Tax Credits/Increases Combined in a Single Bill?

53% of Oregonians would raise the speed limit to 75 mph

Question: “Do you think Oregon’s speed limit should be allowed to be raised to 75 mph in approved areas?


Yes: 53.1% (160/301)

No: 42.4% (128/301)

Not Sure / Don’t Know: 4.4% (13/301)

Should the Speed Limit Increase to 75 mph?

Trust of Federal control over Oregon natural resource lands is at 7%

The Taxpayer Association of Oregon Foundation asked over 300 Oregonians in a statistical sample on who best should control Oregon’s natural resource land. The answers are striking.

Only 7% of Oregonians prefer the existing system of Federal control over our Natural Resource land. Roughly 36% believe the State should. The highest trust was for County and Local Governments at 39%. Put State and local together you get nearly 75% of Oregonians. Trusting Federal management over our lands was rated so poorly that those who stated “Unsure or Don’t know” scored double the Federal response.

This begs the question, “Why does Oregon surrender the responsibility and ownership of their own land to a system lacking public confidence when compared to local control which scores near universal support?” Giving Oregonians more local control could be a popular and surprising reform to our controversial land use system.

Supporters of local control state that the government closest to the people and closest to the land can best handle the unique local needs. On the other hand, supporters of Federal control say that national interest and national resources trump local interests.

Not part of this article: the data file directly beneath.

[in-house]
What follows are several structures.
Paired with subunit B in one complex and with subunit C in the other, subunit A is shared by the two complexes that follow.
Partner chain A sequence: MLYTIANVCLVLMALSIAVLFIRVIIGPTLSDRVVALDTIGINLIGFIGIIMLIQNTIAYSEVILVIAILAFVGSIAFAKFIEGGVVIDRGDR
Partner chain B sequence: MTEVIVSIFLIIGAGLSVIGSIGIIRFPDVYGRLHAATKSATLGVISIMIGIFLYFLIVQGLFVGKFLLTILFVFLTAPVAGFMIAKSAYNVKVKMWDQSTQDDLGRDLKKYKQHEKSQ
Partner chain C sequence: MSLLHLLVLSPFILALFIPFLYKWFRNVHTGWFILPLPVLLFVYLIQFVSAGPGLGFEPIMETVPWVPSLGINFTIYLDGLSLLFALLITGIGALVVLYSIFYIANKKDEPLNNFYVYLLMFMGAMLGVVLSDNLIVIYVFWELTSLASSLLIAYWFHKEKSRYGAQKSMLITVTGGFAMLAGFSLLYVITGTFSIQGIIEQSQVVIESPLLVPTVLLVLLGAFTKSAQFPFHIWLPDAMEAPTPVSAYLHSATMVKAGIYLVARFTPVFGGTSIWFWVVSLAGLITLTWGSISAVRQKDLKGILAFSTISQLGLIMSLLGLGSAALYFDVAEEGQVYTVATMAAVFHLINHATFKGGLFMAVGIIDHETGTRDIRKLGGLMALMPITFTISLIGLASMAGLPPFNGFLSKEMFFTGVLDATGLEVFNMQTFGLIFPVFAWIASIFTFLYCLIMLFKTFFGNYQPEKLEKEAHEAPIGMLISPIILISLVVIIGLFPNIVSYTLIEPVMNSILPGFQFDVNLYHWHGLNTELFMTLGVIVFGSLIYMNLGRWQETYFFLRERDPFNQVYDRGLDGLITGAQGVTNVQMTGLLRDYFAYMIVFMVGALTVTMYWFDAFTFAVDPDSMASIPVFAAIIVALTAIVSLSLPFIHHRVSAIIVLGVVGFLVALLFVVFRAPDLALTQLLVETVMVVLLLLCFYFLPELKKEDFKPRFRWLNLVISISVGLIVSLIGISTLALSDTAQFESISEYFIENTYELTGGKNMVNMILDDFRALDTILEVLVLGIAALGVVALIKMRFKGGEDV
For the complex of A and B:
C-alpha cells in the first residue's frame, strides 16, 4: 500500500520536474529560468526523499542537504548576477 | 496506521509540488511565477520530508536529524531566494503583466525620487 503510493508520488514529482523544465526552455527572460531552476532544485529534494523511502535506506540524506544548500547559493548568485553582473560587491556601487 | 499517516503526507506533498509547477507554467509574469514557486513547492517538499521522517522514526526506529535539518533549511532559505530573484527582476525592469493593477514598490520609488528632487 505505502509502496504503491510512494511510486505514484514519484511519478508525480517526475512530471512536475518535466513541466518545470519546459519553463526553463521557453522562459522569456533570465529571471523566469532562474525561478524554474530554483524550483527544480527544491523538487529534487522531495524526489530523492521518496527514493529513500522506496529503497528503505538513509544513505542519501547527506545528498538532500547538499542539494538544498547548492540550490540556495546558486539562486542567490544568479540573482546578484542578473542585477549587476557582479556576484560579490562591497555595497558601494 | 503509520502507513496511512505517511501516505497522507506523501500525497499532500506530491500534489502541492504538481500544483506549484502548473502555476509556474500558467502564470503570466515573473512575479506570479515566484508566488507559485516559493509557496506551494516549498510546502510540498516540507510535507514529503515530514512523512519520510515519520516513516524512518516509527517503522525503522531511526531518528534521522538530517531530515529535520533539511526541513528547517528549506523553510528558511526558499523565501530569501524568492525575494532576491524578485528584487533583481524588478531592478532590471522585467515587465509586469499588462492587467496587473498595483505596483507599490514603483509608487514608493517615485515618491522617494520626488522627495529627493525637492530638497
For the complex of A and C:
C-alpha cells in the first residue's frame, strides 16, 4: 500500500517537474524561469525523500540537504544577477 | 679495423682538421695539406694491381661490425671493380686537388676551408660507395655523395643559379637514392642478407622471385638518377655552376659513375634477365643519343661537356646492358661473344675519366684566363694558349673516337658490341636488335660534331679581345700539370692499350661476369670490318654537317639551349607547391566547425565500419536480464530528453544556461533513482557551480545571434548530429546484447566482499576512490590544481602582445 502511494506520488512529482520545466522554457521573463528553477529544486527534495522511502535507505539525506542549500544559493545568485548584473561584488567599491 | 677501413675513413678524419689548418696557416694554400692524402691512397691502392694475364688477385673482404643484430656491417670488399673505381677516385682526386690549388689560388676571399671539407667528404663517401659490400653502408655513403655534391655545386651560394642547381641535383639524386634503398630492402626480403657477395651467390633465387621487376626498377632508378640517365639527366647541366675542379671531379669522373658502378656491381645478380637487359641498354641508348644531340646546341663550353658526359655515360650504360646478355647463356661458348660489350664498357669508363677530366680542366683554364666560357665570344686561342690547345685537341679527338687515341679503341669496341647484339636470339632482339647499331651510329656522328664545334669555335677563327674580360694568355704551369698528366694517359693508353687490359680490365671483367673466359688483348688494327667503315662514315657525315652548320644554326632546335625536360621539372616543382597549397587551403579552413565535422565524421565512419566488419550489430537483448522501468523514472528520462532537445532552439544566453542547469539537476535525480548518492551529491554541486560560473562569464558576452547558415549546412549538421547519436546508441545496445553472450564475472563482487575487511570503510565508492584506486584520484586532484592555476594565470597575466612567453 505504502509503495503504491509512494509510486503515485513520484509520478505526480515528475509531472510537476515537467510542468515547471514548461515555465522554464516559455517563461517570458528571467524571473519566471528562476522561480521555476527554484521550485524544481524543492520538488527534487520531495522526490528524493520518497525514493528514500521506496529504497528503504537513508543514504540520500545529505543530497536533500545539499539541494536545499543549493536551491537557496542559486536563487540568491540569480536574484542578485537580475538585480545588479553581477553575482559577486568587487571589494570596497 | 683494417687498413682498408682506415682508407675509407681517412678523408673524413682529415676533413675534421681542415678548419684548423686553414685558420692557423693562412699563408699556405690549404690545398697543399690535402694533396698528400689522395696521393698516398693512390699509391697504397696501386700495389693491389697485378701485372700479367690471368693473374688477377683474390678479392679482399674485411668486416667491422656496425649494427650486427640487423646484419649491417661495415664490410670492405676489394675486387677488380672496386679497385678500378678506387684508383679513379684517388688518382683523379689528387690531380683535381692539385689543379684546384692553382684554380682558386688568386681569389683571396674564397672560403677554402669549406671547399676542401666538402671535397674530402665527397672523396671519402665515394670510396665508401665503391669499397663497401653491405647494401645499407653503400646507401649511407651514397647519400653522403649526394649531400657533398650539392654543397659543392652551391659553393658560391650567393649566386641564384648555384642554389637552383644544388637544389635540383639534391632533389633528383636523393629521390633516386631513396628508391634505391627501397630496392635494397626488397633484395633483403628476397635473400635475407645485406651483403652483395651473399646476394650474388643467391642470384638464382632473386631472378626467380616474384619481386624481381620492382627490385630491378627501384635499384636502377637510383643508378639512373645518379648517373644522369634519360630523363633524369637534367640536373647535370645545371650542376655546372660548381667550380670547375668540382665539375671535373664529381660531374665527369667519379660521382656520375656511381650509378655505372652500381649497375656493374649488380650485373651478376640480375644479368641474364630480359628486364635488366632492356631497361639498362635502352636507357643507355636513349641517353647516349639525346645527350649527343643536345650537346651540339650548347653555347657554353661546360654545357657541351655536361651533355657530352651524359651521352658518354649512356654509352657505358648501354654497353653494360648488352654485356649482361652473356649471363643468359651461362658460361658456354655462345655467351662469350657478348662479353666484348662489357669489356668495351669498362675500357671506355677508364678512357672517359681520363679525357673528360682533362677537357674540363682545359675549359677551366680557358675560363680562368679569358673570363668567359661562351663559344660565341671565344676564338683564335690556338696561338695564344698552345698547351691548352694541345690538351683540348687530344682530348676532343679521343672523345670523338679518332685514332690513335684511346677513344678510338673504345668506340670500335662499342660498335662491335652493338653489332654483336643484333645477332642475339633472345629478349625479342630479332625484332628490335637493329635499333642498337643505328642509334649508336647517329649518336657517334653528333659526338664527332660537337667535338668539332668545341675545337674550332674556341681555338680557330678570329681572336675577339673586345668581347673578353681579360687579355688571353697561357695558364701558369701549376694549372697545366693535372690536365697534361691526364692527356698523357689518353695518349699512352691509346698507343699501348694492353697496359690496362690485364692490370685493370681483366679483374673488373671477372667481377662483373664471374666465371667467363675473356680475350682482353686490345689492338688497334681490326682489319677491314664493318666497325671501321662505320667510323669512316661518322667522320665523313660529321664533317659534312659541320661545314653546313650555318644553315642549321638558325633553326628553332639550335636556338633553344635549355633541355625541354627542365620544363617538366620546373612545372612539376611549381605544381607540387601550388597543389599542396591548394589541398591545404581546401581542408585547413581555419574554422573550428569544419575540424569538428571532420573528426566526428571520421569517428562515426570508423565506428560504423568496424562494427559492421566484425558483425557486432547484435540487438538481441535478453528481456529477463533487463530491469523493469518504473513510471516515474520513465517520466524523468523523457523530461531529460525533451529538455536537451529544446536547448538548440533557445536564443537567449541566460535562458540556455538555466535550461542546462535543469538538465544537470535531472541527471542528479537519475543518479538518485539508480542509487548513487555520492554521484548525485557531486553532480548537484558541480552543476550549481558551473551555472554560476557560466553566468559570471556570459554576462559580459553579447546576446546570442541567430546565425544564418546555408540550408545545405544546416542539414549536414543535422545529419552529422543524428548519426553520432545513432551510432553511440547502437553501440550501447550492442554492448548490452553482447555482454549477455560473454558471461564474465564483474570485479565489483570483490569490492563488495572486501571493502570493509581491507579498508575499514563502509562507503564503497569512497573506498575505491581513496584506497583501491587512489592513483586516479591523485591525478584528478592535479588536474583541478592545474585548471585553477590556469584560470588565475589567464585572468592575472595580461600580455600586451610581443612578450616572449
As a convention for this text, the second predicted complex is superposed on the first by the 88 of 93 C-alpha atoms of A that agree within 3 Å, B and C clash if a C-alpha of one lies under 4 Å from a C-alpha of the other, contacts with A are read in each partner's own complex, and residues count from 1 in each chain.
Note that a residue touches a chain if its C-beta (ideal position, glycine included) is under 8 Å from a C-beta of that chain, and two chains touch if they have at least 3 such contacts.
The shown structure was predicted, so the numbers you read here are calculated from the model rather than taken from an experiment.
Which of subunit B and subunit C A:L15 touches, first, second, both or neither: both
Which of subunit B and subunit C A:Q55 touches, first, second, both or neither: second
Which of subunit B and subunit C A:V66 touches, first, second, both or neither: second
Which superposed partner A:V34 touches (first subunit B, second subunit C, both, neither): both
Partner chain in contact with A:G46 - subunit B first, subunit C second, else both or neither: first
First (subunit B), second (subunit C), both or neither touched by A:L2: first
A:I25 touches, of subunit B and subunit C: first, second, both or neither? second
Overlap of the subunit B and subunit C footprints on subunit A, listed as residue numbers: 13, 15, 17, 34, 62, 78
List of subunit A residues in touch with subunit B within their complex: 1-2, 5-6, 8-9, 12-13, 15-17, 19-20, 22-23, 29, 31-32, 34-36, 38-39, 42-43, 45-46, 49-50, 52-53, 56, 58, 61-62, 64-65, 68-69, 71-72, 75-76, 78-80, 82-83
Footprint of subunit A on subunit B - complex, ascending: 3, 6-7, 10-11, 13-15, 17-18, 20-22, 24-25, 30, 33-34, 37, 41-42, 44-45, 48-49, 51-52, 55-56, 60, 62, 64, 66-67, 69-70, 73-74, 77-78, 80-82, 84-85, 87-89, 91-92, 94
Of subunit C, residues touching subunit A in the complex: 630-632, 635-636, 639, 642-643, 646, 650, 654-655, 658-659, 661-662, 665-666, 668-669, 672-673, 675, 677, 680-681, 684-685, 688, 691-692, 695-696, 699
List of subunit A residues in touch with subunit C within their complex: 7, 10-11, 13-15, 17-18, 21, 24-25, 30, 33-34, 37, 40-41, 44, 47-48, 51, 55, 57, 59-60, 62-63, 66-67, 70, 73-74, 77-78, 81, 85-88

Who Do You Trust to Manage Oregon’s Natural Resource Land?

Majority of Taxpayers say Marijuana revenue should go to law enforcement

Question: “Where do you believe that tax revenue raised from marijuana sales should be dedicated?


General Fund: 11% (33/301)

Education: 25.9% (78/301)

Law Enforcement: 30.7% (92/301)

Social Services: 9.6% (29/301)

Other: 8.9% (27/301)

Not Sure / Don’t Know: 13.8% (42/301)

Where Should Pot Revenue Go?

Oregonians Oppose Bypassing the 60% Majority Rule

Oregon law requires that lawmakers can only pass tax increases if they receive a 60% majority approval to pass. Some wish to bypass this 60% majority rule if a bill raises a tax on one group while lowering taxes for another group.

Question: “Do you support allowing lawmakers to pass tax increases with fewer votes if tax increases are linked to renewing offsetting tax credits?

Reduce Super-Majority for Tax Votes?